A judge did not rule Monday on whether conversations accused murderer Mark F. Stevens had with a confidential informant can be included in his trial, saying more testimony is needed.
More than five hours of testimony was given in Washington County Common Pleas Court Monday.
Acting Judge Julie Selmon of Monroe County did rule in favor of a handful of motions that involved jury selection, but Selmon scheduled testimony to resume next Monday about conversations that eventually elicited a confession from Stevens, 48, of 2385 Bells Run Road, Newport Township, about the 2008 murder of his neighbor, 42-year-old Patrick Arnold.
JASMINE ROGERS The Marietta Times
Newport Township resident Mark Stevens, left, sits in court with attorney Shawna Landaker during a hearing Monday in Washington County Common Pleas Court. The defense wants, among other things, a motion to suppress statements Stevens made to a confidential informant about the 2008 murder of his neighbor Patrick Arnold.
"(Stevens) was provided alcohol. There were promises of money," said Stevens' attorney Ray Smith, summing up some of his objections to the conversations with the informant.
The informant, 46-year-old James Corder, of Macksburg, was an inmate at the Washington County Jail at the same time Stevens was serving time on an unrelated charge.
Former Washington County Sheriff's Office deputy Dana Spencer testified Monday that he first approached Corder about gleaning information from Stevens after another inmate, Timothy Seevers, approached Spencer with information that Stevens had confessed to Corder.
About the case
Mark F. Stevens, 48, of 2385 Bells Run Road was charged with the 2008 murder of his neighbor, 42-year-old Patrick Arnold.
He is also charged with tampering with evidence for disposing of the murder weapon, a shotgun which was never found.
Stevens was arrested Aug. 1, after confessing the crime to a wired confidential informant.
A Stevens' attorney, Washington County Public Defender Ray Smith, argues that the confession was not voluntary because the informant offered to involve Stevens in an illegal money making scheme and repeatedly provided beer to Stevens, a known alcoholic.
Testimony in a motion to suppress the conversations lasted more than five hours Monday and will continue next Monday in Washington County Common Pleas Court.
Stevens is scheduled to go to trial on the charges July 15.
Source: Times research
Corder's first conversations with Stevens took place in jail in April 2010 but no information of value was gained. Corder next worked with officers in July 2012, gaining a furlough from a jail sentence on drug trafficking charges to gain Stevens' trust and elicit more information.
Washington County Prosecutor Jim Schneider argued that the issue at hand is one of Miranda rights (the right to remain silent and have legal representation).
"Stevens' Miranda rights were never violated because he was never in custody for the crime," he said.
But Smith argued the issue was that of whether or not the confession was voluntary. It was not, he said, because Corder plied Stevens with alcohol and promised to include Stevens in an illegal money-making scheme involving hiding guns.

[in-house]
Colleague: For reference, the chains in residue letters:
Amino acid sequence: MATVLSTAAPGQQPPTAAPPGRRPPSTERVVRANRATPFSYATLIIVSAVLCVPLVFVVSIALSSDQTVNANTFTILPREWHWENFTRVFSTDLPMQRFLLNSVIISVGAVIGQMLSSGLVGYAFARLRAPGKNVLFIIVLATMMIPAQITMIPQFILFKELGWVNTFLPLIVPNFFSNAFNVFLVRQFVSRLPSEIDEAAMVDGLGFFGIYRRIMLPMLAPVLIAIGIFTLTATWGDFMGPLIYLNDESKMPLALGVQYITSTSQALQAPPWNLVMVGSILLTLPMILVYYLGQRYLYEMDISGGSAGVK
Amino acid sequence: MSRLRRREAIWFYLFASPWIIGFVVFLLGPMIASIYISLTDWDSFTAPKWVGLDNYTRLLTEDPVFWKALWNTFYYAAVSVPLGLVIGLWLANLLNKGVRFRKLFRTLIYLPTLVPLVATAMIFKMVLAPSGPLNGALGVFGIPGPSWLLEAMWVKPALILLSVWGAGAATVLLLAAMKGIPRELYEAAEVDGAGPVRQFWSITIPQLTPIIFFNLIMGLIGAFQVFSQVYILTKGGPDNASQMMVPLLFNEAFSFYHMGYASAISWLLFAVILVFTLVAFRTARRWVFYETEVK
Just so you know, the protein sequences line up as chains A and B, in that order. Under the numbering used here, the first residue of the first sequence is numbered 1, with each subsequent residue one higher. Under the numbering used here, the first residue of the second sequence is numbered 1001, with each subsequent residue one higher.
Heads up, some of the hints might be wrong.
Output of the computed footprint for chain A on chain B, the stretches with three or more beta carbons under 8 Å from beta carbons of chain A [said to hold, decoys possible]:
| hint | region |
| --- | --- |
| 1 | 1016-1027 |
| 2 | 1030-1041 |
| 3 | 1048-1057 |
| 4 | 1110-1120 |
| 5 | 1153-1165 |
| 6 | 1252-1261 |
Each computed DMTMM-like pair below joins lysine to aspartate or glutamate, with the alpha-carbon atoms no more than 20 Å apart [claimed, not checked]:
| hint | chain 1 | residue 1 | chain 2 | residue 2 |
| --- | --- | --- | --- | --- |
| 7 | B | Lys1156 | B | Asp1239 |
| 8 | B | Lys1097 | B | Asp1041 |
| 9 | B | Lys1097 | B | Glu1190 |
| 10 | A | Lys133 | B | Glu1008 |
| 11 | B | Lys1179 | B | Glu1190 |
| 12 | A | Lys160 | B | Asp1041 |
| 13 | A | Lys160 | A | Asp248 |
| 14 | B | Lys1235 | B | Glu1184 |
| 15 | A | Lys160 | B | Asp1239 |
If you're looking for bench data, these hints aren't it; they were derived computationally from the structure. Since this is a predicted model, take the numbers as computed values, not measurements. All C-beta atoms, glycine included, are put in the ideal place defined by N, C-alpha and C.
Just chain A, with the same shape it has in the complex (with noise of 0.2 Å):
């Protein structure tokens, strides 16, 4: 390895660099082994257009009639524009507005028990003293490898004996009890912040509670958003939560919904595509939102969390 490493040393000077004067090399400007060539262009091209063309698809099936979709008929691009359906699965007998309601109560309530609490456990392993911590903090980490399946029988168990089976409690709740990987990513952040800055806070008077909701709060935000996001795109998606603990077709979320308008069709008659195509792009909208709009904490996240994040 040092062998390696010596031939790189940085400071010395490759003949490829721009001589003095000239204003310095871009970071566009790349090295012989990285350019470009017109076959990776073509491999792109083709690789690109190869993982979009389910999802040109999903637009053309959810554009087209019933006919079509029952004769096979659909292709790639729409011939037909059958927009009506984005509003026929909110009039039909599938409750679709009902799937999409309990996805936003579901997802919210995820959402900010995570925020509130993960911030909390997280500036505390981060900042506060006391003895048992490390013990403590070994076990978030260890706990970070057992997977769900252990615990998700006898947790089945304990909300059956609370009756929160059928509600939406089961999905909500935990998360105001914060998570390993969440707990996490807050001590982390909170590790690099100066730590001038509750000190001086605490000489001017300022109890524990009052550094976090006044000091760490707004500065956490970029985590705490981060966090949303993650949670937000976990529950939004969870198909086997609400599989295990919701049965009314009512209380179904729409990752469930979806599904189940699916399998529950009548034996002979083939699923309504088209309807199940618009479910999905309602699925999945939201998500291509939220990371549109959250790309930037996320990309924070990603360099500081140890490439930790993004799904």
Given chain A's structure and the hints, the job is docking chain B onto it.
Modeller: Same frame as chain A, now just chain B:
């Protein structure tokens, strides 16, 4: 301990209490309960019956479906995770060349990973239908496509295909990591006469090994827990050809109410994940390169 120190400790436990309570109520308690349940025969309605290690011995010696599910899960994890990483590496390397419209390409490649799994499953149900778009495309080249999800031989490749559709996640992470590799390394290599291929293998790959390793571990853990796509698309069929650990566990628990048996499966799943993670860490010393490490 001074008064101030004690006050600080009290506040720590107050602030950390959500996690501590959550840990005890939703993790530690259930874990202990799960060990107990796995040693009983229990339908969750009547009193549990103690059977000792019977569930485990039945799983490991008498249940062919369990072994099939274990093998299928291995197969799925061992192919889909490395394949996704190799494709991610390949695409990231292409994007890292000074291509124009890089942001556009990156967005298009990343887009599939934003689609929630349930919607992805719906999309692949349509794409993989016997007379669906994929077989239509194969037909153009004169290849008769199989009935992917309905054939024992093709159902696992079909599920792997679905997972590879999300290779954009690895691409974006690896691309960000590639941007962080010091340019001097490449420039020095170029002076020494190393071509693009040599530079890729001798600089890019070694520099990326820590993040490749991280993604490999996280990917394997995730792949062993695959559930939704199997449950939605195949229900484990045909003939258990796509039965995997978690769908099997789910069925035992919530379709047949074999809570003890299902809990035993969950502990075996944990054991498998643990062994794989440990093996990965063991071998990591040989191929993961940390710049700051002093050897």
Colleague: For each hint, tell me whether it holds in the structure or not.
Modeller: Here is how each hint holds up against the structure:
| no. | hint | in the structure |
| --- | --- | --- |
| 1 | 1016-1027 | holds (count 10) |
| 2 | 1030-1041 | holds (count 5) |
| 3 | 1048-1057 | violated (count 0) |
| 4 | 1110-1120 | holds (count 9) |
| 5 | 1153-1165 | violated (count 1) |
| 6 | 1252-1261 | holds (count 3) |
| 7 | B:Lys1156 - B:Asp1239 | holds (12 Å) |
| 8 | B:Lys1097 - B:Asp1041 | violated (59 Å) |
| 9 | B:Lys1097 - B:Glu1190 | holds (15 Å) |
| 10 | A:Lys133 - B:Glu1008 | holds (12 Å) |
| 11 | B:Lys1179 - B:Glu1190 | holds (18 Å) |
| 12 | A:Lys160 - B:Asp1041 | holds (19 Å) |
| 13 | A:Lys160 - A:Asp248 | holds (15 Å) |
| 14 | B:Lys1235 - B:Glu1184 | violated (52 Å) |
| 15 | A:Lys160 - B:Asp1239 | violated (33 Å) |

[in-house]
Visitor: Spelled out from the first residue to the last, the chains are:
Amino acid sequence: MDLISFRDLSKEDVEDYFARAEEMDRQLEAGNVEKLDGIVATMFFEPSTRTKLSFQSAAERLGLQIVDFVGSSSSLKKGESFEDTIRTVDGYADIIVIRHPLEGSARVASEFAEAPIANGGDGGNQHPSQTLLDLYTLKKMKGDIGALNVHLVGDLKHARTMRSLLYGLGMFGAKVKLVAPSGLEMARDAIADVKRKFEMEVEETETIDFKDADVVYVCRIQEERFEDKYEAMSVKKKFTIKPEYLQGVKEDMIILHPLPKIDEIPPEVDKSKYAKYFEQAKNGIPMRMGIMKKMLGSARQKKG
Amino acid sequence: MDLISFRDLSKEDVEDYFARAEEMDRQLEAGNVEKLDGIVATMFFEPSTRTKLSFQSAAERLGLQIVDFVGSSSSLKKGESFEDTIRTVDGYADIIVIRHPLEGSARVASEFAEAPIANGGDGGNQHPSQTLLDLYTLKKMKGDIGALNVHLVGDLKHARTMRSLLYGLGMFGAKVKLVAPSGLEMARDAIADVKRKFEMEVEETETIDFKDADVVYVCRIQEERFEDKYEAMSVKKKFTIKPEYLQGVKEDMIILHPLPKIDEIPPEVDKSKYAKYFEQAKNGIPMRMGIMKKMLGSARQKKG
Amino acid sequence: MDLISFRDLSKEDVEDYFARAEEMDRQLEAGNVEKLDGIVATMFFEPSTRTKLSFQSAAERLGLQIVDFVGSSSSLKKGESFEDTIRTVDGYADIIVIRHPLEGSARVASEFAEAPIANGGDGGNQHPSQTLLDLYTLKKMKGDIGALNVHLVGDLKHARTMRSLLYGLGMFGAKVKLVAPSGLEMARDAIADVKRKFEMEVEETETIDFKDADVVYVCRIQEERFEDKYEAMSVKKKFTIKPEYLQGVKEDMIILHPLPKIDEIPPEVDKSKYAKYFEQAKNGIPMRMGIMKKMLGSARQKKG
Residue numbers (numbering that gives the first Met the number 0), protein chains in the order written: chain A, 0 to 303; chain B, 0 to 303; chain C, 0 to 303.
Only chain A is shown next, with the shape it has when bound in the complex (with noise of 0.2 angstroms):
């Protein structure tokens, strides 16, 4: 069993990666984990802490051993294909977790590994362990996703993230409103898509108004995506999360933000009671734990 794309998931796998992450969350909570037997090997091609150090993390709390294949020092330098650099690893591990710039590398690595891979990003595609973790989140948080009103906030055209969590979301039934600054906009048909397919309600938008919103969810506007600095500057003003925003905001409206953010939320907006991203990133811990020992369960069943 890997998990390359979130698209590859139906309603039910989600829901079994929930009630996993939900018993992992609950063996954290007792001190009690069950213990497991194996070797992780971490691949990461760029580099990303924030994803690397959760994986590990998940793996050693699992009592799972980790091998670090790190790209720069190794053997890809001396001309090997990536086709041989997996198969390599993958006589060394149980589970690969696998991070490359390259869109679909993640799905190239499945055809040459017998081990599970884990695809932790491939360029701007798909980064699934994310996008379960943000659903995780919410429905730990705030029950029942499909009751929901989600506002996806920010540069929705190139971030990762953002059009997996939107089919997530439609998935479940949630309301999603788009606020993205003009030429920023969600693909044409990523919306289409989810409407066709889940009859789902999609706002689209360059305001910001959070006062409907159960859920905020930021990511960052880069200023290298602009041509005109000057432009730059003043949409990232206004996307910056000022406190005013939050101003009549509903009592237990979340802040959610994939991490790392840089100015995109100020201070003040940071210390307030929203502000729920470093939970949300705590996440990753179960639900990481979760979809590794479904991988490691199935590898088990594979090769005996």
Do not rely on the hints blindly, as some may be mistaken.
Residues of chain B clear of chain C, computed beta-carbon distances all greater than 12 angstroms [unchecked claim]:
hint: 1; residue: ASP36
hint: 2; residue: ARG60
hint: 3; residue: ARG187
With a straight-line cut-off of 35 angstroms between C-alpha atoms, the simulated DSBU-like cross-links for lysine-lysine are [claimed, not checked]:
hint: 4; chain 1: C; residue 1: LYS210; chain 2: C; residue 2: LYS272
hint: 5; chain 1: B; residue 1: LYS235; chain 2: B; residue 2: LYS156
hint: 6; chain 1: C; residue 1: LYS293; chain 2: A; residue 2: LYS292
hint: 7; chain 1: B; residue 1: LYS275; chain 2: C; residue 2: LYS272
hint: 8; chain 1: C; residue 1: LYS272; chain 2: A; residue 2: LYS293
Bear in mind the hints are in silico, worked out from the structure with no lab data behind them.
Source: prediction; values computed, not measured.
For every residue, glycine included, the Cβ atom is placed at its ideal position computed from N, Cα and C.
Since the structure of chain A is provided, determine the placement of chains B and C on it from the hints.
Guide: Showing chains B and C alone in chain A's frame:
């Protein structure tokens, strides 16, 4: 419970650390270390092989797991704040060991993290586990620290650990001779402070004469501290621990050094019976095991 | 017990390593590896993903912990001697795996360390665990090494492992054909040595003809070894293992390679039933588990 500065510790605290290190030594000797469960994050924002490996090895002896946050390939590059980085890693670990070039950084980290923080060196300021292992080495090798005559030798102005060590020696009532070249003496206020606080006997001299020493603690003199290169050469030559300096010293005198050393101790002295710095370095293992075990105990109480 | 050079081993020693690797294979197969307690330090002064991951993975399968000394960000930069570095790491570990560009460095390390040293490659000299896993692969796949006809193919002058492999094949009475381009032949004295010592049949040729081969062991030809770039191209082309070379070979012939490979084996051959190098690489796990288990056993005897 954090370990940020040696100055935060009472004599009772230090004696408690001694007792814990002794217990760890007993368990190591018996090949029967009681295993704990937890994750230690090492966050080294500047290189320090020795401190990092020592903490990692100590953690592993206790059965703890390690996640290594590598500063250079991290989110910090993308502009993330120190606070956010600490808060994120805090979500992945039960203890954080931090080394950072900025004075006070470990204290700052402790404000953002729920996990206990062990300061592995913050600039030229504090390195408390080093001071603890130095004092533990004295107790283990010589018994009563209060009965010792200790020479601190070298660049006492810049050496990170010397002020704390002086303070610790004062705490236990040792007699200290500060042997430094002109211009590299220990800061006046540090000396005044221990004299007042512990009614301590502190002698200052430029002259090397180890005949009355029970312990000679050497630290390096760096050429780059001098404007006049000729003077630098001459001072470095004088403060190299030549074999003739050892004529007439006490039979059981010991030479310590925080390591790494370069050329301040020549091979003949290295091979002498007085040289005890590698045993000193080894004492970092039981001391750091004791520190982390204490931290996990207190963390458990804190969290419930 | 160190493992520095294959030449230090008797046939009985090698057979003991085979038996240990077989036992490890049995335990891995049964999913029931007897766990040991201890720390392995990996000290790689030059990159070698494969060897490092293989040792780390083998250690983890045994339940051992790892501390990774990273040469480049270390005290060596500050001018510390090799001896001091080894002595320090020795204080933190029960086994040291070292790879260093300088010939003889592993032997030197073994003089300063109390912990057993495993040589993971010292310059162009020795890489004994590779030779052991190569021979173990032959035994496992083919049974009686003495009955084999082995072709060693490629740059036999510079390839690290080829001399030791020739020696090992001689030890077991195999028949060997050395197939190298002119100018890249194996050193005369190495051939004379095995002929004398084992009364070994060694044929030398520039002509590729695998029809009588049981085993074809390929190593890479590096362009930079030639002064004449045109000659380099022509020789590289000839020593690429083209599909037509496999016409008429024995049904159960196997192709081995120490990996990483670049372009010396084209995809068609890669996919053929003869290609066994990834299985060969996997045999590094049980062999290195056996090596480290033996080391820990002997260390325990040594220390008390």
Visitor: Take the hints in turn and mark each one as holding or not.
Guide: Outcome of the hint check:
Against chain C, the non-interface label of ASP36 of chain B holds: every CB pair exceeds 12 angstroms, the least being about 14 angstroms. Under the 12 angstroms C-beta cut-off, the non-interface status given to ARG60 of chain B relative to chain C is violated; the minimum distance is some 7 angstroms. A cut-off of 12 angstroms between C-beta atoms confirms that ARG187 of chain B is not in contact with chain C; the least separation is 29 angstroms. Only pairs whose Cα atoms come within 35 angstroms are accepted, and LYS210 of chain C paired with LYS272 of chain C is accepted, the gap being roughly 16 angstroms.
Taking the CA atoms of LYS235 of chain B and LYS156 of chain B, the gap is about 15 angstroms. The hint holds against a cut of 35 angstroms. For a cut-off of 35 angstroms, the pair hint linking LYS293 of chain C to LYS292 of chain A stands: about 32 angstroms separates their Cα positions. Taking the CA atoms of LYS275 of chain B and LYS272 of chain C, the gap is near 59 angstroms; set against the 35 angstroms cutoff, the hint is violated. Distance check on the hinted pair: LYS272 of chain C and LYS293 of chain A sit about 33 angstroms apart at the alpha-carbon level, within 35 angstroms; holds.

Detective Bruce Schuck of the Washington County Sheriff's Office testified that the sheriff's office knew of the beer drinking and participated in the gun hiding ploy and that both were a necessary means of allowing Corder to gain Stevens' trust.
"The purpose was to set up a trust relationship. I made him believe I was part of a criminal organization," testified Schuck, who posed on the phone to Stevens as Corder's friend who needed some guns hidden.
Schuck also testified that the sheriff's office did not object to Corder buying Stevens beer or drinking with him, but had advised Corder to cut off conversations if Stevens appeared to be intoxicated. The office had asked Corder to cease talk of devil worship, he testified.
When Stevens eventually confessed to the crime, after multiple occasions of denial, he admits to it and immediately inquires if he will receive money for the admission, argued Smith.
Schuck brought up details that officers have argued Stevens could not possibly know unless he was guilty, including that Arnold was wearing an orange shirt the day of his death. Schuck also argued that Stevens knew Arnold had been shot in the chest and was found lying face down, facts that were not common knowledge.
But Smith brought up inconsistencies where Stevens had also said Arnold was wearing a white shirt and was lying on his side when found.
"When he finally says something that matches the facts, at that point you're satisfied?" asked Smith.
Schuck said the accuracies added up to enough information to tie Stevens to the scene.
The only other person to testify Monday was sheriff's office Det. Scott Parks.
Among the motions Selmon agreed to Monday was a motion for jury view, meaning jurors will be taken to view the scene of the crime; a motion for jury individual voir dire, meaning potential jurors can be questioned individually away from other potential jurors; and a motion for jury questionnaires, meaning potential jurors will receive a mailed list of questions to answer and return.
Additionally, Selmon approved a jury selection process that will feature the questioning of 75 potential jurors each day for three days.
Stevens' trial for murder and tampering with evidence is scheduled for July 15.